If you’re the parent of a young boy, you might not want to hear this. But you can expect the first signs of puberty to kick in around age eight.
Researchers at The Royal Children’s Hospital in Melbourne have been studying an early phase of puberty, known as adrenarche. It’s a surge in androgens, which are the male hormone, and it hits both boys and girls when they’re eight or nine.
“There’s no physical side of it, so there’s no hair or anything like that,” explains Amanda Dunn, author of The New Puberty. “It’s just a hormonal surge. But it’s a kind of curtain-raiser for puberty. What the research is showing is that boys seem to be more affected by it than girls. It can have quite a big impact on kids’ emotional lives and also on their relationships.”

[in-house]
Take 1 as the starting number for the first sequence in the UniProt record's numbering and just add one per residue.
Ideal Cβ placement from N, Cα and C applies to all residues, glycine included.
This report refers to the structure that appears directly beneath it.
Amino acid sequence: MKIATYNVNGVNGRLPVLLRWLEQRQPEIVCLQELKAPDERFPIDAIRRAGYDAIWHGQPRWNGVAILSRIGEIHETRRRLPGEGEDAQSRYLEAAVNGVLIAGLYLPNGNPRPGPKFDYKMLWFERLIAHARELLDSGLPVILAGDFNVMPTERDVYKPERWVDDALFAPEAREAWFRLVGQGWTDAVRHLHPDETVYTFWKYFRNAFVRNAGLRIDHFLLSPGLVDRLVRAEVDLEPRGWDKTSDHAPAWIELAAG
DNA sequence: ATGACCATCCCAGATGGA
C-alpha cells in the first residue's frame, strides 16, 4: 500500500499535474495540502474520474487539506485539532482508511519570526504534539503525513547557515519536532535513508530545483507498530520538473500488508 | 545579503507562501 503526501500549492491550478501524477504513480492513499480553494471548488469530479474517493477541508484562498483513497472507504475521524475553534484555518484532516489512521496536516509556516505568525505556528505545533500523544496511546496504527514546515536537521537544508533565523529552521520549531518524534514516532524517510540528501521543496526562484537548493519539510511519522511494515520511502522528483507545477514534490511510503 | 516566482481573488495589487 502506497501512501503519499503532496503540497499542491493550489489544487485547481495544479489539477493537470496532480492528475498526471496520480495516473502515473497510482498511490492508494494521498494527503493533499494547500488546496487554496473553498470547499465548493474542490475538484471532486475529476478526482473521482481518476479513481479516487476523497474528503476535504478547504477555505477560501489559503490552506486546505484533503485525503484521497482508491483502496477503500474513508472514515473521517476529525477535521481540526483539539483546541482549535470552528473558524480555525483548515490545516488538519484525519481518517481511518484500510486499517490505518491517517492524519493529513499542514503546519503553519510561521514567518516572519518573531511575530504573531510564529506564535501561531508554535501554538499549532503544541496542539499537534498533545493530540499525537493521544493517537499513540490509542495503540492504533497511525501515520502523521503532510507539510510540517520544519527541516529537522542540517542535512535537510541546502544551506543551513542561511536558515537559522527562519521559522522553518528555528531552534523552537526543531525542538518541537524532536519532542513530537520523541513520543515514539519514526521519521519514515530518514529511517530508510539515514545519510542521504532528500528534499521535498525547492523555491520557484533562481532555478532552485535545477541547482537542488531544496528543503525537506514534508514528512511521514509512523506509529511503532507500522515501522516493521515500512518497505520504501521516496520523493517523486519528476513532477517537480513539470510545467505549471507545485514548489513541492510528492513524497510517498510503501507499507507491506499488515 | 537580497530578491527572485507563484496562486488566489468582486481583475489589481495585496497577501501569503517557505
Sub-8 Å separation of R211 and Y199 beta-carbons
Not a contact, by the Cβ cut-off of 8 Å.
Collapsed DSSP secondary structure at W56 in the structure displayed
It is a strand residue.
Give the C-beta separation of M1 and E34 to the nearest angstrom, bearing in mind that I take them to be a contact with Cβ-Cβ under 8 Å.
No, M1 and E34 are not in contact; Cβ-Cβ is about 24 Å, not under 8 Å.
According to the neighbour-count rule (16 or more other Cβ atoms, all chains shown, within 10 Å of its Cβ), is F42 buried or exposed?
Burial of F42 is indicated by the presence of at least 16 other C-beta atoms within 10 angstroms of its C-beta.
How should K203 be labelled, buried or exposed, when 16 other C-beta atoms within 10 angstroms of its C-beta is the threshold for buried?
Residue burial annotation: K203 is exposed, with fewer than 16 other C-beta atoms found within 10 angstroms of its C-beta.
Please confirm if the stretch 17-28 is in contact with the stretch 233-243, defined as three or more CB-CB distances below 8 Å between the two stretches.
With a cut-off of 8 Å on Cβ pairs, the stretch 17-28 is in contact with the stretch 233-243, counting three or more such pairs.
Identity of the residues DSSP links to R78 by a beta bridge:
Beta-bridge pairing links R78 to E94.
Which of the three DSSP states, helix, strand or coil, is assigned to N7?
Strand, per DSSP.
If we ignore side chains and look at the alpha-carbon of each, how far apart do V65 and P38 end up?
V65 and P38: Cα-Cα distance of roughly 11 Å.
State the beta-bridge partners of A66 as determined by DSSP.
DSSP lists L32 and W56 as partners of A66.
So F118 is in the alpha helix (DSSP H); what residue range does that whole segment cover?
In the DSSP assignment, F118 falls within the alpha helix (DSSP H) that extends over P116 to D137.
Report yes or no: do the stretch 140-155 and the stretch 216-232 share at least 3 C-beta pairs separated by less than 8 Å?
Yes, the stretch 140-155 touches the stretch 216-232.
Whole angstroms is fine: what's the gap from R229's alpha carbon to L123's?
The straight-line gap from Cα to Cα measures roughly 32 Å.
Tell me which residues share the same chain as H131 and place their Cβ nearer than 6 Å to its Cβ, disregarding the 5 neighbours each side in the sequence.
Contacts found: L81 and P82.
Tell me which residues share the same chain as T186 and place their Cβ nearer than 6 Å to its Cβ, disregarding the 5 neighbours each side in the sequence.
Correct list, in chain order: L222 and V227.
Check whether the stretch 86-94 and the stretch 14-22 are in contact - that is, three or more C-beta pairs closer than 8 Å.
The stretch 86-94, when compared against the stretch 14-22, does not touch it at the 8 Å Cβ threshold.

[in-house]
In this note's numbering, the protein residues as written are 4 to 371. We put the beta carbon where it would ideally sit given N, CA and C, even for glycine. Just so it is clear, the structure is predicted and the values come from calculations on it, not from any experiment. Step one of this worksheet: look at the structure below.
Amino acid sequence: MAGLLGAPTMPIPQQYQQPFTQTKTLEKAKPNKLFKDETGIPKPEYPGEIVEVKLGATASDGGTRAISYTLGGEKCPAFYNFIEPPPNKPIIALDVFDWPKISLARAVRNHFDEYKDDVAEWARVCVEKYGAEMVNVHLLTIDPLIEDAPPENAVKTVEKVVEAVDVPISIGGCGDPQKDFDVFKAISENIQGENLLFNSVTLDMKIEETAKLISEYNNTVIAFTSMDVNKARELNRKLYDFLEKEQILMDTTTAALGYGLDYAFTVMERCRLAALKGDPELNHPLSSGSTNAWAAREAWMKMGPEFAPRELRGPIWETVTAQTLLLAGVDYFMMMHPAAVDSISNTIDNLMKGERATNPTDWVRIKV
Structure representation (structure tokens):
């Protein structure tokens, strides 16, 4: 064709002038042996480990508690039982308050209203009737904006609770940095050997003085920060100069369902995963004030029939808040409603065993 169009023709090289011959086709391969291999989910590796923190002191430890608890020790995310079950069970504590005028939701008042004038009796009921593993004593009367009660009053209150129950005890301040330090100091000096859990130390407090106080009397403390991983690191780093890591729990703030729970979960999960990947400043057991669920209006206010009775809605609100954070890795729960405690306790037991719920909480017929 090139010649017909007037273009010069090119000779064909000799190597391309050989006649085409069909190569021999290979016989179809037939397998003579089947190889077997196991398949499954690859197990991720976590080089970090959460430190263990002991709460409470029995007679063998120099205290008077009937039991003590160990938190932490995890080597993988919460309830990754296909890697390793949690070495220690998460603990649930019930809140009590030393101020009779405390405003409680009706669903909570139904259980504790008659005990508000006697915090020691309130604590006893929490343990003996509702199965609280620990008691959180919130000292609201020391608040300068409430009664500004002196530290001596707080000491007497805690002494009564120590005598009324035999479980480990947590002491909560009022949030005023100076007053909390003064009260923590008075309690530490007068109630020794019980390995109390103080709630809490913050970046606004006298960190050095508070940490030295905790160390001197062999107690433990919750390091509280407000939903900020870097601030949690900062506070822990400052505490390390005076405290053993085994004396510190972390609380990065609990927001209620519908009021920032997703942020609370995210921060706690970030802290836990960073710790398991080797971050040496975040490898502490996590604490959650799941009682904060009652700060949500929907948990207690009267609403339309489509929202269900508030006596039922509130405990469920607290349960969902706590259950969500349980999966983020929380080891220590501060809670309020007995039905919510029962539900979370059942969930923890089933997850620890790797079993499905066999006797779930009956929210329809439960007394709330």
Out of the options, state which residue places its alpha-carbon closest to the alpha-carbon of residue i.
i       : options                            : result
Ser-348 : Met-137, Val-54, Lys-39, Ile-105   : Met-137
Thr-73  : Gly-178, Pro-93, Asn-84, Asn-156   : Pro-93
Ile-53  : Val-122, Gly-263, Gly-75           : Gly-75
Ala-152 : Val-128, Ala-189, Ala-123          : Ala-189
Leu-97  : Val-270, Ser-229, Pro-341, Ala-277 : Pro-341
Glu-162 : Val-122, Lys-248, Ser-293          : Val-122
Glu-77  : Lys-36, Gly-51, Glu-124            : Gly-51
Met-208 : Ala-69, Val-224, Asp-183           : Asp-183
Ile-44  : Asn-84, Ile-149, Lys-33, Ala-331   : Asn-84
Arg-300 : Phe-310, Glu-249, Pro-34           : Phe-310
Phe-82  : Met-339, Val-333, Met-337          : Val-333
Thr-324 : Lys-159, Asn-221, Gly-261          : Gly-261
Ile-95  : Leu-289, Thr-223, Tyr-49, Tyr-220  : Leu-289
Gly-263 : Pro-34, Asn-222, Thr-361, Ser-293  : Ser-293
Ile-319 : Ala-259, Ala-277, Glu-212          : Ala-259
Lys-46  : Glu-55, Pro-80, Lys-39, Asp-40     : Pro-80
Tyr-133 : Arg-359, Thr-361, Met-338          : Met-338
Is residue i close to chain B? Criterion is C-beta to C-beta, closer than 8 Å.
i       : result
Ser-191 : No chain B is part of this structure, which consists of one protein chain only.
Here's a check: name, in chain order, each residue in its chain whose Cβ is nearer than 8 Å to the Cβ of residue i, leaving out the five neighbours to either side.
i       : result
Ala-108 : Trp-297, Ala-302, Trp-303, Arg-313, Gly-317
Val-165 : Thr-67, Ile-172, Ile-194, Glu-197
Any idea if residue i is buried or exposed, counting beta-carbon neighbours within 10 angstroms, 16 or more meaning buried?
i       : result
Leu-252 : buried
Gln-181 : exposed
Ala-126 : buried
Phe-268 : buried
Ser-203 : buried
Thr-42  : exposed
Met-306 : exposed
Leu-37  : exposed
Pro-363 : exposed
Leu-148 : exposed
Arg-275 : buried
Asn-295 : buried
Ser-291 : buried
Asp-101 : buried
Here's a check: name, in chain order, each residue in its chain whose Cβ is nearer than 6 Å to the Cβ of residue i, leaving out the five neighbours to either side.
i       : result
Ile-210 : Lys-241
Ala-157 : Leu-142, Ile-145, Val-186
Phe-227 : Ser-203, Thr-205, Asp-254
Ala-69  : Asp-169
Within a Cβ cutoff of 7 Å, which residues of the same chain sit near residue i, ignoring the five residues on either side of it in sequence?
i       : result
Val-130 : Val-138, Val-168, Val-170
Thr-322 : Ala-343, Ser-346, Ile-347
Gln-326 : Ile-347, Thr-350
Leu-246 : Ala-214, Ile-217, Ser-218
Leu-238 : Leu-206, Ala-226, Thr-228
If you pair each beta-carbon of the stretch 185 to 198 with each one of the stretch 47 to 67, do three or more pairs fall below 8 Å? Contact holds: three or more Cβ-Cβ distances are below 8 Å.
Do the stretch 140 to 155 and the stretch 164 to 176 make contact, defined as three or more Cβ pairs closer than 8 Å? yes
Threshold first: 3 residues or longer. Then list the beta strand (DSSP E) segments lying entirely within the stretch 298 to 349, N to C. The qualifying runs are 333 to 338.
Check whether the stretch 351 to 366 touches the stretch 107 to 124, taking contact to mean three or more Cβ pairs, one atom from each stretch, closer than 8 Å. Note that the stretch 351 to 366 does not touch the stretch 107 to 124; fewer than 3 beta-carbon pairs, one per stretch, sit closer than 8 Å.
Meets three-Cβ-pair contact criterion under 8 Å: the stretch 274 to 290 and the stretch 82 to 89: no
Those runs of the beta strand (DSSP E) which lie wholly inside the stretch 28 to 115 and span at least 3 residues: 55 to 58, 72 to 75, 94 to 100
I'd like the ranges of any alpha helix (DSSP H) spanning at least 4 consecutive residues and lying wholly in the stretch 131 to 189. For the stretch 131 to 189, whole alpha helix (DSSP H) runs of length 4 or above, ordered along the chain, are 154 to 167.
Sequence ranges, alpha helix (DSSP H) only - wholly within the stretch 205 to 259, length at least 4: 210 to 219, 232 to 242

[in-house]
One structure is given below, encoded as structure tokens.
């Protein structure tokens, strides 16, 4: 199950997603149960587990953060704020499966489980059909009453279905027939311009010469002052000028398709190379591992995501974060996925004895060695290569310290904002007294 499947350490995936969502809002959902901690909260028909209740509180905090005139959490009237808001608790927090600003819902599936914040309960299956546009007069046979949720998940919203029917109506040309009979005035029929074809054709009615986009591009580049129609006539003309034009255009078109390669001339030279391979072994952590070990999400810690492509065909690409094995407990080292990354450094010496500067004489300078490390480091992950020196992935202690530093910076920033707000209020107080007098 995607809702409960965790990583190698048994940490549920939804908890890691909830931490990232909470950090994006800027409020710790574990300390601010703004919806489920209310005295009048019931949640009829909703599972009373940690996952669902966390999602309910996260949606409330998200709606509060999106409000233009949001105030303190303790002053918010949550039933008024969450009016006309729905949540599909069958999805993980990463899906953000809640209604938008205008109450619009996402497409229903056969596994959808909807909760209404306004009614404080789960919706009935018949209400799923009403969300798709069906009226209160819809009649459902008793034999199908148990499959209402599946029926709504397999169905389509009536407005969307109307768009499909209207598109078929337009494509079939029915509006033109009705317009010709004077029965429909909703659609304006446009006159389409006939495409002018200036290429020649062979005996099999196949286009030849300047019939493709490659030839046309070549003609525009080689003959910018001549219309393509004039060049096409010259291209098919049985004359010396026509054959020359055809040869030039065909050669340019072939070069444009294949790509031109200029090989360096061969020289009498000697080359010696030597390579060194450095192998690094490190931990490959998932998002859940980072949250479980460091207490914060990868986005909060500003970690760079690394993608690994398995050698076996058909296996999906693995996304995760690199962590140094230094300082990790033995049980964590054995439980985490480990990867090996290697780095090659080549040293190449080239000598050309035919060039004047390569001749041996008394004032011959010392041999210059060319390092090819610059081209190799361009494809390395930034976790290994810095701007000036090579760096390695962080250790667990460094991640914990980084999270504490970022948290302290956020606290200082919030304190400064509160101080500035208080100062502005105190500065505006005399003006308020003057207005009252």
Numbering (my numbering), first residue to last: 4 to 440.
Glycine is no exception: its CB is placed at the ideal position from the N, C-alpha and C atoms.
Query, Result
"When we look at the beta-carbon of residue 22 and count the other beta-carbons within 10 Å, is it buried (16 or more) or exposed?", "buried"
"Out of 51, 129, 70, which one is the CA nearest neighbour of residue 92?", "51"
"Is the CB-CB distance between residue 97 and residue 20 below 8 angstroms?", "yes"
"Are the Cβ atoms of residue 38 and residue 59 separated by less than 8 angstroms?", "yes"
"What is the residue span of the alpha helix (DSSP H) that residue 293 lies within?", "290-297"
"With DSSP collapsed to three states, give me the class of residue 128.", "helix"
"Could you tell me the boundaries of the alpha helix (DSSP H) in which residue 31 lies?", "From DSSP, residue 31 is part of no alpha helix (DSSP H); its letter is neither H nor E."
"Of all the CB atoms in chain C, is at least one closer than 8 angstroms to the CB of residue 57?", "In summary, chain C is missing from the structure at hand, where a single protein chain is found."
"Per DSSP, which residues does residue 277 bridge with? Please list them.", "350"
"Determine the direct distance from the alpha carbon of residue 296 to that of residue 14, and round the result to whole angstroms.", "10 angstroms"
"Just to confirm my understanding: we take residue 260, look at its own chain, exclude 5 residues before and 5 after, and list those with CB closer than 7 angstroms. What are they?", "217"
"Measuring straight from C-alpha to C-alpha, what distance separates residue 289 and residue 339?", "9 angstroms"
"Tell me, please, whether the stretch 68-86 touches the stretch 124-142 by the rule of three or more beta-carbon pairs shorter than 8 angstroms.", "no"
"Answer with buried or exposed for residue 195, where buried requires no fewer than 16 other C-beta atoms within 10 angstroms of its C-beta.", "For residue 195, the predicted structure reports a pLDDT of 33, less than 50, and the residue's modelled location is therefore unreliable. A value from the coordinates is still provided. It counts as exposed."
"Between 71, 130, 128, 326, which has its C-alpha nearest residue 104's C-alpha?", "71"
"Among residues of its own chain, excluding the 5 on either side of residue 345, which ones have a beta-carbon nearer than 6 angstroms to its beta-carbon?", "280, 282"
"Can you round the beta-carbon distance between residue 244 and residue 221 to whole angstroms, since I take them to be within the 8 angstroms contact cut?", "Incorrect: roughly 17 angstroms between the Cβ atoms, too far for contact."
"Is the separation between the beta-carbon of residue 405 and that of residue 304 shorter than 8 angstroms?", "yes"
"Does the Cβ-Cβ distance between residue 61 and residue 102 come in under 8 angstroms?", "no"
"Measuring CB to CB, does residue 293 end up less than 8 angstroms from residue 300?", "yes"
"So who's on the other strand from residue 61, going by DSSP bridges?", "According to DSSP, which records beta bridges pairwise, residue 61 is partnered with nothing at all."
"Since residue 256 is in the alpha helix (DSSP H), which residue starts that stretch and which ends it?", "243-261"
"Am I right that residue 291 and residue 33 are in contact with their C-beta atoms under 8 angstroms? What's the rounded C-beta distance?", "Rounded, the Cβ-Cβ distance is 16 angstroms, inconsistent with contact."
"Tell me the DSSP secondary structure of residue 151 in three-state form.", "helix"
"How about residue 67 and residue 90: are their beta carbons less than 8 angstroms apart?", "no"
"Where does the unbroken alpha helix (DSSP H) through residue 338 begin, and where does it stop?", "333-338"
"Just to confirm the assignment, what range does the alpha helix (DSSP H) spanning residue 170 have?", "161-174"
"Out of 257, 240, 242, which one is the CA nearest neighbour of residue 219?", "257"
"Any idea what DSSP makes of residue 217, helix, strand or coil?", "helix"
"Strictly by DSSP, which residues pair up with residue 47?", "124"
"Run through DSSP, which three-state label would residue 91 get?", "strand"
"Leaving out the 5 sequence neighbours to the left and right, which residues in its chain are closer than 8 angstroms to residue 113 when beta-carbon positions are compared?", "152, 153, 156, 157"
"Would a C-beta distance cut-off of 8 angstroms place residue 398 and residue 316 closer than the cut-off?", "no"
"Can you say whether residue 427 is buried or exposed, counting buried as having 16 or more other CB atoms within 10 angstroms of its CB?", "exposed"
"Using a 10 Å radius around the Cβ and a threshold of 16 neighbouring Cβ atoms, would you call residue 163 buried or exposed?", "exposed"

Dunn has spoken to teachers who say they often see a change in boys around Year Three or Year Four.
“They’ll notice that boys who previously weren’t very emotional seem to burst into tears more often or more readily than they used to, or their friendship groups might fracture a little bit and rearrange themselves.”
Boys might get emotional if one of their friends is mean to them, or they feel like they’re being left out.
“It’s the usual things that would upset an eight-year-old," Dunn said. "But where they might have just brushed them off, now there’ll be tears instead, or what seems like an unusually emotional response.”